Some time ago, on a subway ride in New York, I met a newly married interracial couple. He was white, she was black, and they were having a spirited discussion about the mayor. Well, impossible for any mayor to match that moment when Boris Johnson, the Mayor of London, had called his assembly members “great supine protoplasmic invertebrate jellies,” I remarked, and we all laughed. That this couple had an equal, mutually respectful and deeply loving relationship was apparent. The United States had already chosen a black President—for some commentators, this historical event was a harbinger of a post-racial society, even though some of us worried that there may be a backlash, in the form of “great” political events as well as in the quotidian every day—but this couple’s love marriage was perhaps a greater victory. Because love, but more so marriage, are not just personal; they are also profoundly political.
During periods of racial segregation, there were laws penalising “miscegenation” or inbreeding between racial groups; and while much has changed, much has not. Interracial marriage—especially based on mutual respect rather than fetishisation (heard of Asian fetish clubs?) —is certainly more acceptable now, at least in some spaces, but it would be impossible to argue that it is the norm anywhere in America. This is similar to inter-caste love marriage in India; considered taboo in orthodox circles, the stranglehold of caste norms may have weakened in some ways but remain as stubborn, as irresolute, in others. While writing my interdisciplinary thesis at Oxford that combined theoretical perspectives on education and empowerment with everyday manifestations in public culture, the latter including matrimonial advertisements in major newspapers, it was saddening to see that the formal degrees of the “highly educated” did not necessarily stop them from seeking a partner from the same caste. Marriage, in other words, has functioned as a tool to enforce race and caste endogamy, to preserve the “purity” of groups, and maintain hierarchy.
The injunctions of certain religious texts notwithstanding—like all texts, religious texts too are an ideological and material product of their times, and some texts are more problematic than others—a higher faith, a higher wisdom, would understand love’s idealism.
Moreover, these practices cannot be reduced to that oft used-and-abused binary of the secular versus the religious. The injunctions of certain religious texts notwithstanding—like all texts, religious texts too are an ideological and material product of their times, and some texts are more problematic than others—a higher faith, a higher wisdom, would understand love’s idealism.
The interracial couple on the train was Christian, and my own Hindu parents had an inter-caste love marriage, as have other family members and close friends of faith. (On the other hand, many “secular” and atheist spaces are informed by endogamous marriage practices that would ironically meet the approval of religious orthodoxies.) As bewildering is the manner in which ingrained ritual hierarchies can comfortably cohabit alongside a superficial cosmopolitanism, with marriage arranged upon the most orthodox of caste lines followed by Instagrams of honeymoon pictures from all over the world. What right do we then have to shudder at gruesome honour killings of young couples in “backward” villages, by communities who did not approve of their caste transgressions?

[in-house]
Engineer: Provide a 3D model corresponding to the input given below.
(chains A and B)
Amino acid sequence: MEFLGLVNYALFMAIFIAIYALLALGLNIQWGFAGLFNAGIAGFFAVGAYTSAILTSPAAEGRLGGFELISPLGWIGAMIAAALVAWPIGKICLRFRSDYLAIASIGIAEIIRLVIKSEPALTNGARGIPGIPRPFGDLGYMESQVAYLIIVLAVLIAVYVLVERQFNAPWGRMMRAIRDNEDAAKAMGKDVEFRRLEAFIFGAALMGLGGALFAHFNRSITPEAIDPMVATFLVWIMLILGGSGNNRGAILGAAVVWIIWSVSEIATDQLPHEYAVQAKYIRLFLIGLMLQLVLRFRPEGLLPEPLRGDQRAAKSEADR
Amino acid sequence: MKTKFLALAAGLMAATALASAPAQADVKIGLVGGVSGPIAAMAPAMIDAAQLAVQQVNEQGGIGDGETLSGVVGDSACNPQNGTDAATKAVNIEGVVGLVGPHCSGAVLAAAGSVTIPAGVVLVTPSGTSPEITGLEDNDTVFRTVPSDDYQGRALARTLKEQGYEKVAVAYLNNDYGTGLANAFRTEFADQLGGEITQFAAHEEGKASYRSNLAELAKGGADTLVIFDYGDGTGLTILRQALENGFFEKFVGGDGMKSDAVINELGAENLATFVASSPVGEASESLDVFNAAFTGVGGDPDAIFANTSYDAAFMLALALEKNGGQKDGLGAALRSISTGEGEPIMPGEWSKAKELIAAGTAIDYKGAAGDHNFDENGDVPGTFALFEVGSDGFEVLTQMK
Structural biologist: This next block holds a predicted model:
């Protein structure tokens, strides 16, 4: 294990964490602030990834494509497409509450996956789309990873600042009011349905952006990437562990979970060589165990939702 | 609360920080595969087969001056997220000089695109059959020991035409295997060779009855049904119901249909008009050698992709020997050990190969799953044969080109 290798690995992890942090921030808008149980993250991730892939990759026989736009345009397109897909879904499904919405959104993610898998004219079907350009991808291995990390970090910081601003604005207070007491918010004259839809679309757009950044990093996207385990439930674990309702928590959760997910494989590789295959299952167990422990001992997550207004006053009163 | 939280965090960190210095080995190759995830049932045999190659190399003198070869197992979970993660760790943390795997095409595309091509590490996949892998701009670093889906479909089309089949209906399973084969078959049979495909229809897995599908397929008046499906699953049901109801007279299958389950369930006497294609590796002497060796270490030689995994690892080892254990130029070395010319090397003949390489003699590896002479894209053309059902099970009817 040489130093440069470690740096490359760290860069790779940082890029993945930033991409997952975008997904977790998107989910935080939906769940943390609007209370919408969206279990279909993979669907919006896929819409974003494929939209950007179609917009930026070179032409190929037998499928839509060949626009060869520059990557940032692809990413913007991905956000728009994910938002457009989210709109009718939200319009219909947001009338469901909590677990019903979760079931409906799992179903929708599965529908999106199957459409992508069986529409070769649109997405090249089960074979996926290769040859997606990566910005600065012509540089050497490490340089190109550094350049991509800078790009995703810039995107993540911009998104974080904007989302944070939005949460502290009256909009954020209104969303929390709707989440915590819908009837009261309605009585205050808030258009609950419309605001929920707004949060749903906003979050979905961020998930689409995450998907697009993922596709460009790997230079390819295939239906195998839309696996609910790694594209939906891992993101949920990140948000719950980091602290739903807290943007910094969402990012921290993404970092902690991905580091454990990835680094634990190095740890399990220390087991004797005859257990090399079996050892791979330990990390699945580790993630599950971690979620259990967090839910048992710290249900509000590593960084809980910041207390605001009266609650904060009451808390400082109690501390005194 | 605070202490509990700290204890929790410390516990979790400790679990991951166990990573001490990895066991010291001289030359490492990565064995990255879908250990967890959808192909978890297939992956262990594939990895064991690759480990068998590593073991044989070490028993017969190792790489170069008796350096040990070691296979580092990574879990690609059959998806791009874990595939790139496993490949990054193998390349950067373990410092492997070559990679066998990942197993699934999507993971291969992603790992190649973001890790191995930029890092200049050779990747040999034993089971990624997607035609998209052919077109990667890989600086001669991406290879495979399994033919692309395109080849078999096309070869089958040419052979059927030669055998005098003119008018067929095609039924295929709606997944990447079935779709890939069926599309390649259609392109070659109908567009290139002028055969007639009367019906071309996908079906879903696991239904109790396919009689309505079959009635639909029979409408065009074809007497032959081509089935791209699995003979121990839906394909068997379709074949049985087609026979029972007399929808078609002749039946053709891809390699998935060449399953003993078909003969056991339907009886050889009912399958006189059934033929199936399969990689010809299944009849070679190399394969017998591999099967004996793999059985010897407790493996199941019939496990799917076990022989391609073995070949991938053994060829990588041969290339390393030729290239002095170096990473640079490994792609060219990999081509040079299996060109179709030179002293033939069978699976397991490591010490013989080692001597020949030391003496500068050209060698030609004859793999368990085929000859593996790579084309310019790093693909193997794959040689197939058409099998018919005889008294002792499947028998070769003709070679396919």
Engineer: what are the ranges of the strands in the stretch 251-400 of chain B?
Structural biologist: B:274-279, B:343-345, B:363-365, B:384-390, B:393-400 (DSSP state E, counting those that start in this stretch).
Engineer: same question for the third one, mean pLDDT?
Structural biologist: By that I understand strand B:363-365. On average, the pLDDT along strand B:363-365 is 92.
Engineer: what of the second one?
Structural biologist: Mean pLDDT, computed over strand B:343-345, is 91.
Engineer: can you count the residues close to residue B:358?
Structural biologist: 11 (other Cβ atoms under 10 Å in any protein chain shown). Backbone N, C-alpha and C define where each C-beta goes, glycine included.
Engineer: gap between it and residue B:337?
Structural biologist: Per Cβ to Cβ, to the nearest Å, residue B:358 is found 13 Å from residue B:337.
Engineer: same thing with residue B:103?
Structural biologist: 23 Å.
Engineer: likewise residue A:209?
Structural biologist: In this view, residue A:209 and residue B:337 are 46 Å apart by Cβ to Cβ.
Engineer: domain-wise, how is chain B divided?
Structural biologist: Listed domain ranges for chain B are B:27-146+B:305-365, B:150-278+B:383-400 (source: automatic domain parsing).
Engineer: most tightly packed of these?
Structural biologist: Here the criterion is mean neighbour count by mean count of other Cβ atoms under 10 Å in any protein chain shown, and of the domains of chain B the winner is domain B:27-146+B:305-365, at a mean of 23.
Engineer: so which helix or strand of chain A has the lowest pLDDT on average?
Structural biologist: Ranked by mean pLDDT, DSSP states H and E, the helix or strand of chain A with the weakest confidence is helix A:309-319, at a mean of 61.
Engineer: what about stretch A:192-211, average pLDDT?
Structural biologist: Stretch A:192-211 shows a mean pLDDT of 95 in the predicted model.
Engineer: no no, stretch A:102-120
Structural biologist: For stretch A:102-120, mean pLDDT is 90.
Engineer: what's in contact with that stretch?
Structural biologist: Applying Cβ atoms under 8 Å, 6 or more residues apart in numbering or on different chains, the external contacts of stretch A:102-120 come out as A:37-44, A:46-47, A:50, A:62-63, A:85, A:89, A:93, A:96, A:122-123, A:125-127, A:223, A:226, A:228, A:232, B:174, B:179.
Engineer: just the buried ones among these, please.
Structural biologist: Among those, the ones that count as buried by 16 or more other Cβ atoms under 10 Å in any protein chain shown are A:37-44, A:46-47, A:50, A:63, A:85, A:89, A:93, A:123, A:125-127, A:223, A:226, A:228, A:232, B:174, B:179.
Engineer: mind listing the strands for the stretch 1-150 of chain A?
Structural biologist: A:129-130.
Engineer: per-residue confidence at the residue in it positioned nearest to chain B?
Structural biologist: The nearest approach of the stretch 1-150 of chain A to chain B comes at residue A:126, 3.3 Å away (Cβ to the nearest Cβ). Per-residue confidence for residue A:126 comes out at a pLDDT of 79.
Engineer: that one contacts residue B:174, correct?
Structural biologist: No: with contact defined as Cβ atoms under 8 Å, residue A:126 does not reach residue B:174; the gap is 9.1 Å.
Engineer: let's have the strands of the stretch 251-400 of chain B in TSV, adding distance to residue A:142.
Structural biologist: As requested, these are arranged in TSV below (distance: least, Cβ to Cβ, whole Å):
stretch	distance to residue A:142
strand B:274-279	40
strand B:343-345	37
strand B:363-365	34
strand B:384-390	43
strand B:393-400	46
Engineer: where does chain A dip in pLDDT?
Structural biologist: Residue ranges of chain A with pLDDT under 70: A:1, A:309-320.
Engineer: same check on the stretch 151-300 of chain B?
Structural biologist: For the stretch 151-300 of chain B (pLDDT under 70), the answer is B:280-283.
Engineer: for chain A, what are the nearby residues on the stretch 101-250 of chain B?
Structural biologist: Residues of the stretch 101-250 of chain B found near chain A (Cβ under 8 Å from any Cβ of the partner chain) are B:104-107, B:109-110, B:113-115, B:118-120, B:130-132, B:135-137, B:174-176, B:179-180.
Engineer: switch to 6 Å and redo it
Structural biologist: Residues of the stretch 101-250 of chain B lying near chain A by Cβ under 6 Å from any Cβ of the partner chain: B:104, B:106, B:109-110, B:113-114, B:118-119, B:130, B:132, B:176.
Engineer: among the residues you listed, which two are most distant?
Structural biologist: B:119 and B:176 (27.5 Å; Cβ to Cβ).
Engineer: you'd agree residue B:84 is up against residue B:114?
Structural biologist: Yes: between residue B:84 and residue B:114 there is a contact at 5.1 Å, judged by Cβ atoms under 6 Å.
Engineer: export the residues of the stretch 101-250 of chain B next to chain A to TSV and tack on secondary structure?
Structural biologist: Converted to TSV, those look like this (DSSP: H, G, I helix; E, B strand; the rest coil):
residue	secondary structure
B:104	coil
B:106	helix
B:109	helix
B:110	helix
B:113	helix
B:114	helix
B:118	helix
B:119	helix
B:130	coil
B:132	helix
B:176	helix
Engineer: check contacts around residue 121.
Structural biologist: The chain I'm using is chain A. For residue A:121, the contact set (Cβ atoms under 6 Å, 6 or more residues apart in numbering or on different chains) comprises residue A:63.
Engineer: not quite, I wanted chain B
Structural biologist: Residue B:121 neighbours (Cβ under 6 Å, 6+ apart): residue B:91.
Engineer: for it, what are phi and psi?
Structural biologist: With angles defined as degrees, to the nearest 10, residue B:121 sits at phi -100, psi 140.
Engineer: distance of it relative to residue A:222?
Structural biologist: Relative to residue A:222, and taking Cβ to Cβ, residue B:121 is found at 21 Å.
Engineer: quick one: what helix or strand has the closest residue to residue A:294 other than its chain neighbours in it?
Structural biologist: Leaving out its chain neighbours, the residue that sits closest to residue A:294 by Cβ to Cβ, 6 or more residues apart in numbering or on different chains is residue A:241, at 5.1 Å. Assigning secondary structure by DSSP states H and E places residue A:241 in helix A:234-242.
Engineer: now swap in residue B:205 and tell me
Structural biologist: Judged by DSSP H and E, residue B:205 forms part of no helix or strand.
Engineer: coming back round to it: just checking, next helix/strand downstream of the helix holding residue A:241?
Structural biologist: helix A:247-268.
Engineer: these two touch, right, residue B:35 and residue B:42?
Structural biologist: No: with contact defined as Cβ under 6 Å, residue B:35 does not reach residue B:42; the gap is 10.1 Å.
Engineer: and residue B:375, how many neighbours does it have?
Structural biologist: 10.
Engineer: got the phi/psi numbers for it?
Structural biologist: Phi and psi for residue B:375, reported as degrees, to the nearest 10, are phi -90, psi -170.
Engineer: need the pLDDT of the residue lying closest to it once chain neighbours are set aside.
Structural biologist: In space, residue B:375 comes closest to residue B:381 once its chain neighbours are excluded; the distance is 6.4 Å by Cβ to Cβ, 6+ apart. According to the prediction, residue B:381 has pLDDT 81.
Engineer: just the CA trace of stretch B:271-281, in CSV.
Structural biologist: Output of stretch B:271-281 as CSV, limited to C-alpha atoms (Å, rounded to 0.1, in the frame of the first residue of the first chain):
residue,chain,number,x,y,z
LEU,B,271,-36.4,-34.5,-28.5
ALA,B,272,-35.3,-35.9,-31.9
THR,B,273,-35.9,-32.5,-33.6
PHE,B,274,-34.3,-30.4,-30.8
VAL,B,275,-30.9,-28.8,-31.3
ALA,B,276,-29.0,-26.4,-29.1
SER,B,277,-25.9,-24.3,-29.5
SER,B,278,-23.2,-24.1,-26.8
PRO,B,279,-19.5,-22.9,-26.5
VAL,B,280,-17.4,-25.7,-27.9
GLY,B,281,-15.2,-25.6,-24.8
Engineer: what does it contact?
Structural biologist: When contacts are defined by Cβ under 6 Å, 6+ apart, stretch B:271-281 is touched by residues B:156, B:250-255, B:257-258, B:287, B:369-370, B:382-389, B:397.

The role of gender in these dynamics is particularly intriguing. In an essay in my forthcoming new book titled The Color of Love, Marie-Josephine Diamond dissects the double standards of Frantz Fanon, that powerful anti-colonial voice which had declared “Today I believe in the possibility of love.” Fanon condemned as racist and collaborationist the Martinican woman writer Mayotte Capécia’s novel for its representation of love between a Martinican woman and a white Frenchman—while himself marrying a white French woman! With every social group exerting ownership claims over women, a woman’s right to challenge group endogamy and choose a partner is difficult without economic independence. And while female agency and autonomy have always existed in the annals of history, it takes only a cursory glance at newspaper reports of forced marriages and acid attacks by jilted suitors to realise how we are still uncomfortable with a woman’s right to say no.
Yet for all these heartbreaking cases, including those where women themselves have actively aided the maiming and murder of men they loved, for being of a different race, caste or class, are some beautiful stories, where love is still the reason for love.